Rough guide to overriding ATLAS's compiler choice/changing flags

Previous sections have discussed the more useful cases of overriding ATLAS's compiler and flags, which typically leave ATLAS's kernel compilers alone. Users often wish to add flags or change arbitrary compilers, however. This is rarely a good idea, and almost always provides reduced performance. However, you can do it. You can find more details by passing -help to configure.

If you use the -C flag, then you are overriding ATLAS's compiler choice (based on the abbrevation you specify, as described below), -F means to override the flags for that compiler, and -Fa tells configure that you want to keep ATLAS's default flags, but wish to append your own list of flags to them.

All of these flags take an abbreviation (<abbr>) describing the particular compiler/flag to override/append, where <abbr> is one of,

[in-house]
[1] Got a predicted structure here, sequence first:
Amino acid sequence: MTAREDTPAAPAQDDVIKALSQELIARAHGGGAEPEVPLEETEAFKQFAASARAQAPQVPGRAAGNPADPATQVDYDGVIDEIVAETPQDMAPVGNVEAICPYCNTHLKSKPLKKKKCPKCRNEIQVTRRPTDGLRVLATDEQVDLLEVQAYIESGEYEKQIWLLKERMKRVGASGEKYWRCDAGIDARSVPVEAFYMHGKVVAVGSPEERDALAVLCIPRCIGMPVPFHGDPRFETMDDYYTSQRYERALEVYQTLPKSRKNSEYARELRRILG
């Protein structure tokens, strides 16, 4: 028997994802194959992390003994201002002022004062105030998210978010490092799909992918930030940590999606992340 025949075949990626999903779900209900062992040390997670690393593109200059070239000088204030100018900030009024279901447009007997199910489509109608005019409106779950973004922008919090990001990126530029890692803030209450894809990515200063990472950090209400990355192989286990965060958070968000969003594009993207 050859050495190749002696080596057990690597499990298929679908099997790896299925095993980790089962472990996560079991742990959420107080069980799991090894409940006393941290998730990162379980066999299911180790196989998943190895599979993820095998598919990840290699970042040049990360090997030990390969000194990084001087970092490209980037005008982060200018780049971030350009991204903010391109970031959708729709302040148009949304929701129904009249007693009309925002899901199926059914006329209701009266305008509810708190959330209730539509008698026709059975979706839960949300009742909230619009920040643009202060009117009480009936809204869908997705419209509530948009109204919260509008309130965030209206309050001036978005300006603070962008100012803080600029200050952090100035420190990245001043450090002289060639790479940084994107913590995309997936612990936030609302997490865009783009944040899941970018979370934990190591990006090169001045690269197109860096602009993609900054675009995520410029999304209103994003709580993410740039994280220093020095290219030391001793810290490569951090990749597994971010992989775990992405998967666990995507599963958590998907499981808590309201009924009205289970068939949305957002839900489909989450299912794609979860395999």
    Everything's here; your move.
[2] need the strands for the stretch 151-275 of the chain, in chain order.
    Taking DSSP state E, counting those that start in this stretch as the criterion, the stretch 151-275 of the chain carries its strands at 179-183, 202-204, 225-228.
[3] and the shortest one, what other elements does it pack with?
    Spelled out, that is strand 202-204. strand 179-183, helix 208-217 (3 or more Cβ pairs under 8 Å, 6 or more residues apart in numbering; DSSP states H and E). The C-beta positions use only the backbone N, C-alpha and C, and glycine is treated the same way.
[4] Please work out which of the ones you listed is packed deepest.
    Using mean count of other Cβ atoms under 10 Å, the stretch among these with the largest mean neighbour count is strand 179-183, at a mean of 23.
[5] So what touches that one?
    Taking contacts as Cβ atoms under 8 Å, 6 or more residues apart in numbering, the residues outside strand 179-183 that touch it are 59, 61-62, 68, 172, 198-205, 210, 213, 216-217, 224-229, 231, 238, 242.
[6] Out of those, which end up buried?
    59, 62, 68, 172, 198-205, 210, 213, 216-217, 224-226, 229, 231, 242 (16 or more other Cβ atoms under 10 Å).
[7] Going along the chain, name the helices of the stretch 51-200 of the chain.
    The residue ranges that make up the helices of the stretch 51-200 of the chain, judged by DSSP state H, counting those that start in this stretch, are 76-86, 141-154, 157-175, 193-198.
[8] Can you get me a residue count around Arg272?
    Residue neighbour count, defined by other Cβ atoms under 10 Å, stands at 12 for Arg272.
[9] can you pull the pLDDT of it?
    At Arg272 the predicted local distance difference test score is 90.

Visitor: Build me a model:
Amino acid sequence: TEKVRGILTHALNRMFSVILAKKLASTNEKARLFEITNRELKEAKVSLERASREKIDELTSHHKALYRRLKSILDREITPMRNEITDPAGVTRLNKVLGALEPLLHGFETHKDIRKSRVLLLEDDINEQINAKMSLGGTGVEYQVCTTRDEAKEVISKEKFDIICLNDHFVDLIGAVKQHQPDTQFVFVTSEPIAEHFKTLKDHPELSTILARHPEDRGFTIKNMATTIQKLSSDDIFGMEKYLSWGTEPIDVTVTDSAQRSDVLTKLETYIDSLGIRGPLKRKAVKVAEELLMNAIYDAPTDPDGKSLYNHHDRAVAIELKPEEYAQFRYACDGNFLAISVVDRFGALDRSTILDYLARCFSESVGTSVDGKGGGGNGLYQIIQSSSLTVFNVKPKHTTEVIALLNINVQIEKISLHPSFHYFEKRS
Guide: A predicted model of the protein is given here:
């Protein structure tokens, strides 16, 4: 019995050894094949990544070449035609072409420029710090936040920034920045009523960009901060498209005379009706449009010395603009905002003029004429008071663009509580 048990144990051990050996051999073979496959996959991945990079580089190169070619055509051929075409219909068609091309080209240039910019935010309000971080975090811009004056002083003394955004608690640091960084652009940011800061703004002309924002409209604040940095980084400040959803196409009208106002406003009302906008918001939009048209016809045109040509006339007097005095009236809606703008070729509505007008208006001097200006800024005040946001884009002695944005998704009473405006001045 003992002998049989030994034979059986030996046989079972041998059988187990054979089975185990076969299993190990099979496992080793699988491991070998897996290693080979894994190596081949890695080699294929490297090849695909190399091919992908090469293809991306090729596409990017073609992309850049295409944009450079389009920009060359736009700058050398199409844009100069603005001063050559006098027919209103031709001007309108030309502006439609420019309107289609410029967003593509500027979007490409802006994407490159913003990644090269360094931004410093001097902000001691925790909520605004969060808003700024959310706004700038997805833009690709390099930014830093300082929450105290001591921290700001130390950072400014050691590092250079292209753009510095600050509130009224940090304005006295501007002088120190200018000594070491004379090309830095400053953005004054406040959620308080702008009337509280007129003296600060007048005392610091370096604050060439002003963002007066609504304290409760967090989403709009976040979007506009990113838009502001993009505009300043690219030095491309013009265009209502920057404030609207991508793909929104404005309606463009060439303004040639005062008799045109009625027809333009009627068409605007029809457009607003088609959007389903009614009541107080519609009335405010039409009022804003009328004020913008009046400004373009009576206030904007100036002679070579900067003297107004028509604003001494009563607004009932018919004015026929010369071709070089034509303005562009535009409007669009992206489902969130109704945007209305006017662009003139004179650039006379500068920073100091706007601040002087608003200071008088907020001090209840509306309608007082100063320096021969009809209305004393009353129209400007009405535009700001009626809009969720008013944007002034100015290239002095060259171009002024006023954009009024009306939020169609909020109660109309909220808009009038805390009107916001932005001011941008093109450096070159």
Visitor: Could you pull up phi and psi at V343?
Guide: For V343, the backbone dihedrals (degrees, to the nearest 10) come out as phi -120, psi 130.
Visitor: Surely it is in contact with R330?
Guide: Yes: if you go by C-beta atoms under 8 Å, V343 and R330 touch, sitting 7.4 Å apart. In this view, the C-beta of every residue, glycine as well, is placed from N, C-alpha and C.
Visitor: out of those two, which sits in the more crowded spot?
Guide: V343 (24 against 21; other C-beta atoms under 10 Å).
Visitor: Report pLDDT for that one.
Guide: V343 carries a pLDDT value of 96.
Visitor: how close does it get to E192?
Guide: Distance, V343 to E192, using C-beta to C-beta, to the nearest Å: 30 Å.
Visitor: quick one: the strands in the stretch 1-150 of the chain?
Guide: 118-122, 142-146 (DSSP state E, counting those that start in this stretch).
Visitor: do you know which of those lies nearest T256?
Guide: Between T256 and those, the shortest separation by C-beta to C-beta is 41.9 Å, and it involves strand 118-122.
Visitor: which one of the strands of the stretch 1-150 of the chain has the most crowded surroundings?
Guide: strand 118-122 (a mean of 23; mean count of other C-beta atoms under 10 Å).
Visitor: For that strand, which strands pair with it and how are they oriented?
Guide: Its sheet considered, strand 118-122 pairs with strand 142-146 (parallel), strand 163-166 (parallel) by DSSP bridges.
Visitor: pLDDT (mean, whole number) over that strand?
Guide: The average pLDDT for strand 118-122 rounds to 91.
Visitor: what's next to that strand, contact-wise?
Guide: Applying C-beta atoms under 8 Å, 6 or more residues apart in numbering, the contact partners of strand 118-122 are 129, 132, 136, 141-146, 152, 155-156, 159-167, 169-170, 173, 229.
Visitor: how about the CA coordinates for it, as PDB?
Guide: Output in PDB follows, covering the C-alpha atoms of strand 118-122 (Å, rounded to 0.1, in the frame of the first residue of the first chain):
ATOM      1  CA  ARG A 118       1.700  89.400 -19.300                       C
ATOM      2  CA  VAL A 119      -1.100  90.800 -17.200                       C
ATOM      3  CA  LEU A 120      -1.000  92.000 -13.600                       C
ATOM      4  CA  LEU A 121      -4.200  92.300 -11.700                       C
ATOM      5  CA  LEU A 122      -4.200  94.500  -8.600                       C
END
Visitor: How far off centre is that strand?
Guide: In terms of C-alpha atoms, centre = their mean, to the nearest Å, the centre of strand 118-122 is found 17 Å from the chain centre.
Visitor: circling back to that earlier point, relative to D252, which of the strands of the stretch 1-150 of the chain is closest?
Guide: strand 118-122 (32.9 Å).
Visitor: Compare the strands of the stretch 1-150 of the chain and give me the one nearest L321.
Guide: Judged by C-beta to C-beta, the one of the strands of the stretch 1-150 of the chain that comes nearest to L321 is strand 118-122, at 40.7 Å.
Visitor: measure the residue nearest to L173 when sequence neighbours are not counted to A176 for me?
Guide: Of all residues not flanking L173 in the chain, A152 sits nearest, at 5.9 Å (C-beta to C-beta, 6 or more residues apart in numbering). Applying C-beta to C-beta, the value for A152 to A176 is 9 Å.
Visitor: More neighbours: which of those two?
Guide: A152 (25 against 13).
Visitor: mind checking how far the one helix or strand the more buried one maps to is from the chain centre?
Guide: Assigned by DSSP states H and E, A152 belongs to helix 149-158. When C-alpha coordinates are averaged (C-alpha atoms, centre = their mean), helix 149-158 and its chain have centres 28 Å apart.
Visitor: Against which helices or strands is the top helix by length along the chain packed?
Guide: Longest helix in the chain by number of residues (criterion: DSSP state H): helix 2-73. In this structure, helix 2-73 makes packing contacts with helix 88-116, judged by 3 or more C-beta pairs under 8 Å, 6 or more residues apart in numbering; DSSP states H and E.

Therefore, by passing the following to configure:

   -Fa acg '-DUsingDynamic -fPIC'

We would have all C routines compiled with -fPIC, and also have the macro UsingDynamic defined (ATLAS does not use this macro, this is for example only).

As an example, if I want to use SunOS's f77 rather than gfortran, I could pass the following compiler and flag override:

   -C if f77    -F if 'dalign -native -xO5'

IMPORTANT NOTE: If you change the default flags in any way for the kernel compilers (even just appending flags), you may reduce performance. Therefore once your build is finished, you should make sure to compare your achieved performance against what ATLAS's architectural defaults achieved. See Section [*] for details on how to do this. If your compiler is a different version of gcc, you may also want to tell ATLAS not to use the architectural defaults, as described in Section [*].

R. Clint Whaley 2016-07-28